In Mississippi Blood, Dr. Cage’s trial has begun.  His son Penn continues to search for clues that could clear his father’s name, yet Tom somehow seems determined to end up in prison—even going as far as to remove his son from his counsel team.  As testimony reveals increasingly disturbing details about the past and the relationship between Tom and Viola, long-held secrets become known that threaten the safety of the Cage family as well as the Double Eagles—and the latter won’t hesitate to continue killing to keep the past hidden.

As the trial unfolds, each character relates his or her version of events.  The stories are the same, but the interpretations vary based on each individual’s unique background and experience.  What is the truth, after all, but our own perception of reality?  Rarely has a courtroom drama been as complex and riveting as Iles’ examination of Tom’s actions and culpability in the suffering and death of his former nurse.  As the novel reveals what really happened the night Viola Turner died, the reader is challenged to view issues of guilt and conscience in new and unsettling ways.

Come by the store Tuesday, April 18th, at 7 PM, to hear Greg Iles speak and sign the stunning conclusion to his Natchez trilogy. You can find copies of Mississippi Blood on our shelves and via


A Brief Foray into an Epic Story: MysteryPeople’s Introductory Guide to Greg Iles’ Natchez Trilogy

  • Post by Director of Suspense Molly Odintz

Greg Iles comes to BookPeople to speak and sign Mississippi Blood the stunning conclusion of his Natchez Trilogy featuring long-time character Penn Cage, this upcoming Tuesday, April 18th, at 7 PM. When I first found out we had booked him, I pumped my fist in the air. This guy is a big deal for crime fiction, and for Southern literature as a whole. Before his visit, we thought we’d make a quixotic attempt to summarize the enormous amount of content contained within each massive volume of the trilogy (without giving away any spoilers, of course.)

Iles has been known as a crime writer for some time, yet his Natchez Trilogy has elevated him to the status of a modern-day Faulkner. The three volumes together – Natchez BurningThe Bone Treeand Mississippi Burning – tell a sordid tale of small-town secrets, Southern racism, and the difficult task of achieving justice for the lost and vengeance against the powerful and guilty. Much of his work has featured Penn Cage and his family as they fight against the entrenched racism and dark secrets of their town of Natchez, and the trilogy continues the family’s epic story.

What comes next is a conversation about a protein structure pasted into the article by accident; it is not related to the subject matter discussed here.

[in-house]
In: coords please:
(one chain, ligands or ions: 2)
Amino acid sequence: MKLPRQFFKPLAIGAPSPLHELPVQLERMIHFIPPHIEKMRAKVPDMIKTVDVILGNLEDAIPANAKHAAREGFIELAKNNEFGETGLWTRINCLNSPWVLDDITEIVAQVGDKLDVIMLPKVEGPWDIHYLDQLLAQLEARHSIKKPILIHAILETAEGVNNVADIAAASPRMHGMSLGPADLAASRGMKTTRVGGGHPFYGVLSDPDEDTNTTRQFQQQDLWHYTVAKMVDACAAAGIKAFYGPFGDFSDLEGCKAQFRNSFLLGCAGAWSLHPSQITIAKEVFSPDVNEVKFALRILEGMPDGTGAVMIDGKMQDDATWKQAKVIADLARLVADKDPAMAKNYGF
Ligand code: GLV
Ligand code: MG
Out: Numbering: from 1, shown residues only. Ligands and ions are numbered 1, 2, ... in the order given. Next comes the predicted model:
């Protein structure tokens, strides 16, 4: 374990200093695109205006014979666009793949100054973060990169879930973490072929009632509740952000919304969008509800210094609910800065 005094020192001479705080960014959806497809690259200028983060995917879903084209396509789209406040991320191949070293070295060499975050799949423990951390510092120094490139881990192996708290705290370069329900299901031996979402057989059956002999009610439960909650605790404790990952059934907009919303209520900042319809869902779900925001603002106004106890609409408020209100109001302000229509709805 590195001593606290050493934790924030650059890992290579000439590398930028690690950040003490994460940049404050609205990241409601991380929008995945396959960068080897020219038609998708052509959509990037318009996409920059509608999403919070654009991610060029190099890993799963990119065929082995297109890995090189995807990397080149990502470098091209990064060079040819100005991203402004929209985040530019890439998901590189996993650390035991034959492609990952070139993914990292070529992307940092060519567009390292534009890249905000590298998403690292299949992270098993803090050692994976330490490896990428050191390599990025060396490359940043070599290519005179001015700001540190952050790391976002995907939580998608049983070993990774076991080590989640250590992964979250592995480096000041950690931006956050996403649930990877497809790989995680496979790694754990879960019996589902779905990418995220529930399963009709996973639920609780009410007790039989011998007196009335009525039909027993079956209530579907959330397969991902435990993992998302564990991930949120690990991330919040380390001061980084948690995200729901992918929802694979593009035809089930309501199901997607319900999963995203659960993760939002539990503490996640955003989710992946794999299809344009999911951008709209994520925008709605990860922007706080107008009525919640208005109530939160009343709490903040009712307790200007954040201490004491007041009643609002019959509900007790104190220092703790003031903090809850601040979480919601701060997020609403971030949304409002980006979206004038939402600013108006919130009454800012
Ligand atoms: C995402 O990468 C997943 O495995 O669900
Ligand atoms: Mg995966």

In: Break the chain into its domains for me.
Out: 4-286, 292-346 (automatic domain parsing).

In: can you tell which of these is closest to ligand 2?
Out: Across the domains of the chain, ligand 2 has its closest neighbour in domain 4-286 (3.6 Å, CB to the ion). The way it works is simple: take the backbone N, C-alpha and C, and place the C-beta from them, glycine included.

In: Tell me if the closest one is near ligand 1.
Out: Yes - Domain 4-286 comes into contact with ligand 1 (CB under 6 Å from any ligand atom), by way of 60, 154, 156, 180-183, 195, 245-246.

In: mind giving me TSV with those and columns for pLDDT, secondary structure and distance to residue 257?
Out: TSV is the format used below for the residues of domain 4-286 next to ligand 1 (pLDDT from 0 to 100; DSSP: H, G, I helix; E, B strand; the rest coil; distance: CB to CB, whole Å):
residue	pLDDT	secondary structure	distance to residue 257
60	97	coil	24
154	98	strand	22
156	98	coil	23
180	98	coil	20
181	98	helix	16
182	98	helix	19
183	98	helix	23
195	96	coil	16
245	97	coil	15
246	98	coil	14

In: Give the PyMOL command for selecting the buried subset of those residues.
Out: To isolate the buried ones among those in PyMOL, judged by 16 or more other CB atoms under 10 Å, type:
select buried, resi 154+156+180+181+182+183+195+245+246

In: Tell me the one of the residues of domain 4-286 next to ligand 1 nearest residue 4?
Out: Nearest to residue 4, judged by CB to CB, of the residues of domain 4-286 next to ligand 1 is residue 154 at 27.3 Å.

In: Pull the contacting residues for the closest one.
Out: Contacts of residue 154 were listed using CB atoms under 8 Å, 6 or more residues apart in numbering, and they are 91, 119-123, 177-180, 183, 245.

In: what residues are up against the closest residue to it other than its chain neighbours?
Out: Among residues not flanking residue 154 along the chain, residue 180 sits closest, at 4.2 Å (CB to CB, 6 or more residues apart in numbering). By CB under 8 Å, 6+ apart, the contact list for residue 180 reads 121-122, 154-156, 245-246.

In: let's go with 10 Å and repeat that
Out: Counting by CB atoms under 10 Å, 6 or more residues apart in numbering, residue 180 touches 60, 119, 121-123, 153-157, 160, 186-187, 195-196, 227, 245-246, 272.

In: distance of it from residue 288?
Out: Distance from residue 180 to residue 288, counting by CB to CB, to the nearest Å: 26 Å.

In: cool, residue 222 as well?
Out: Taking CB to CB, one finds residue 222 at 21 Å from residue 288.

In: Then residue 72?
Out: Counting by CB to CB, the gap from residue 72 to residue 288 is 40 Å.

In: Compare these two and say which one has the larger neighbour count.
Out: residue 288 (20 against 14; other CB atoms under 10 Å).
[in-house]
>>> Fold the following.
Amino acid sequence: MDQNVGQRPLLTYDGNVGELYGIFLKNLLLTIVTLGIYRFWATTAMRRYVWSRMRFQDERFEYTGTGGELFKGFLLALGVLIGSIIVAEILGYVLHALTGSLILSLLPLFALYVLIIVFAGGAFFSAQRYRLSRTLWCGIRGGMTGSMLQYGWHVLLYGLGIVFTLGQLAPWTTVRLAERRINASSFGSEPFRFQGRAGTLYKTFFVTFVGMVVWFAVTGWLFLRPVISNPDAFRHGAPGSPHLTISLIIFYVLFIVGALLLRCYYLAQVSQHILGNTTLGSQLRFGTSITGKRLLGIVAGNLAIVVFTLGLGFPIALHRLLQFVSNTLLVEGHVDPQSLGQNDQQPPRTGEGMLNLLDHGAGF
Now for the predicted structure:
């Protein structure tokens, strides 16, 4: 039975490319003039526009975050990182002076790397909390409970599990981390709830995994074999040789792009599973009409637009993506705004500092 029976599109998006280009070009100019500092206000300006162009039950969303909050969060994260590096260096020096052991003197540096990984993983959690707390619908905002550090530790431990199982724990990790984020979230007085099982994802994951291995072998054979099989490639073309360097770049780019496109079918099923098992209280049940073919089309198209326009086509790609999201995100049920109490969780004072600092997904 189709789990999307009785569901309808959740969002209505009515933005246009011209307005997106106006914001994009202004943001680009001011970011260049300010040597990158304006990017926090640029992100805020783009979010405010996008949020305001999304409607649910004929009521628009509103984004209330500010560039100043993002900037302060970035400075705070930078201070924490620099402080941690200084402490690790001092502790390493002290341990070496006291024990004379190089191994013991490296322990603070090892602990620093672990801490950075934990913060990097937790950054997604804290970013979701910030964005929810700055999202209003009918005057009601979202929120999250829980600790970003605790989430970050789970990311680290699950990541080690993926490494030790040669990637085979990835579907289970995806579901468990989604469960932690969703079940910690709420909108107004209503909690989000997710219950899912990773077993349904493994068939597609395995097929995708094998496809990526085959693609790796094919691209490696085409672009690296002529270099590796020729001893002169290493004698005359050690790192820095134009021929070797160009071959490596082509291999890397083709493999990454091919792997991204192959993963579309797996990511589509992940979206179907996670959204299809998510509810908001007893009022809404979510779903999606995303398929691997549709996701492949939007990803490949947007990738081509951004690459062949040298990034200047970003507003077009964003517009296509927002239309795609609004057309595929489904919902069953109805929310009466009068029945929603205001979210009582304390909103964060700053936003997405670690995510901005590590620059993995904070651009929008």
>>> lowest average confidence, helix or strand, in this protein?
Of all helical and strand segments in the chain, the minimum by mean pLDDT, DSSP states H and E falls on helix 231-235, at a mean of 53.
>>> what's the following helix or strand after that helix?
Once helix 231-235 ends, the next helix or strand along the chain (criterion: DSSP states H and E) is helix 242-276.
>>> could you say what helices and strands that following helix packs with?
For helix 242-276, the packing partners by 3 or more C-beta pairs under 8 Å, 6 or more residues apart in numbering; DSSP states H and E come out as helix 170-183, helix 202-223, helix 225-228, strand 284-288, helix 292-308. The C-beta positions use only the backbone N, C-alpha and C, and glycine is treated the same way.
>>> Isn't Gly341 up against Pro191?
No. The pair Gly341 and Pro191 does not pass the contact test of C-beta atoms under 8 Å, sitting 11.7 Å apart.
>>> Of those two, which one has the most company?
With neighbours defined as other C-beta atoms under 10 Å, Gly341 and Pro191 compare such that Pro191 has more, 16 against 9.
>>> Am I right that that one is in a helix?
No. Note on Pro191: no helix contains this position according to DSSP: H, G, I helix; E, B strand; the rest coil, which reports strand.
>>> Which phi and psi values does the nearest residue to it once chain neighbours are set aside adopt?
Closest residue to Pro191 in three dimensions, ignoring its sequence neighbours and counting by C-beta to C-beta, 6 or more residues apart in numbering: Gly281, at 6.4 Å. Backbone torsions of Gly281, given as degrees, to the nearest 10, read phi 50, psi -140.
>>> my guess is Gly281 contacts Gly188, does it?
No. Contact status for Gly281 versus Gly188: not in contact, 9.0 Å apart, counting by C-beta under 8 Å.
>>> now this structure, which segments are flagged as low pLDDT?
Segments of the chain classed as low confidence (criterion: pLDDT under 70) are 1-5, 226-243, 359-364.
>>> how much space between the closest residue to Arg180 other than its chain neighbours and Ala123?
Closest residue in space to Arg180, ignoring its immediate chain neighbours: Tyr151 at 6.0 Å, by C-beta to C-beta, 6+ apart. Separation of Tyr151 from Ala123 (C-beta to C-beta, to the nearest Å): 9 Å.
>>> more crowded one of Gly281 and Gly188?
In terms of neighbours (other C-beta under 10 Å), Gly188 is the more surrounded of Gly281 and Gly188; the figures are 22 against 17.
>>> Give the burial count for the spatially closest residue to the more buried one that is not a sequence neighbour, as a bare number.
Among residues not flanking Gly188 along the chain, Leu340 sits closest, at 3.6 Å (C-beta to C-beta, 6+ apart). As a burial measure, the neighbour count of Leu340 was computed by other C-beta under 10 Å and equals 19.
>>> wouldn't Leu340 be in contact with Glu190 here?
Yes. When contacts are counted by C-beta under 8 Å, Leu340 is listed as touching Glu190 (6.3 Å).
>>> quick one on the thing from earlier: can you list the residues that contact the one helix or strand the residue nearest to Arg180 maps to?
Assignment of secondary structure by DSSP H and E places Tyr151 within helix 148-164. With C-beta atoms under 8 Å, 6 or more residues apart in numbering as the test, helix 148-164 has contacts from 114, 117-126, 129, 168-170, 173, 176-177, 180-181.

His website’s content emphasizes his position as both the conscience and the tourism bureau of a beautiful and problematic region – you can click to visit Natchez and stay in Iles’ historic building of an office, or scroll down further to read a petition by Mississippi’s most prominent citizens to remove the Confederate symbol from the Mississippi state flag. I recognized a number of crime writers on the list, but it shouldn’t surprise me that a state known for such violence in its past could be a center of writers reckoning with that violence in the present.

Some parts of his trilogy read like the best courtroom dramas, with the action of John Grisham and the powerful language of Harper Lee. Iles tells his tales from multiple perspectives and from multiple time periods, emphasizing the lingering presence of powerful 1960s antagonists into the 90s to shrink our perception of the length of history and to make more immediate the connection between the pre-civil-rights South and its modern-day, theoretically less discriminatory incarnation. As Faulkner once wrote, “the past isn’t dead – it’s not even past,” a phrase that especially rings true in the state of Mississippi, where those responsible for the pain of history faced consequences for their actions years, if not decades, after their initial crimes (if they faced consequences at all).*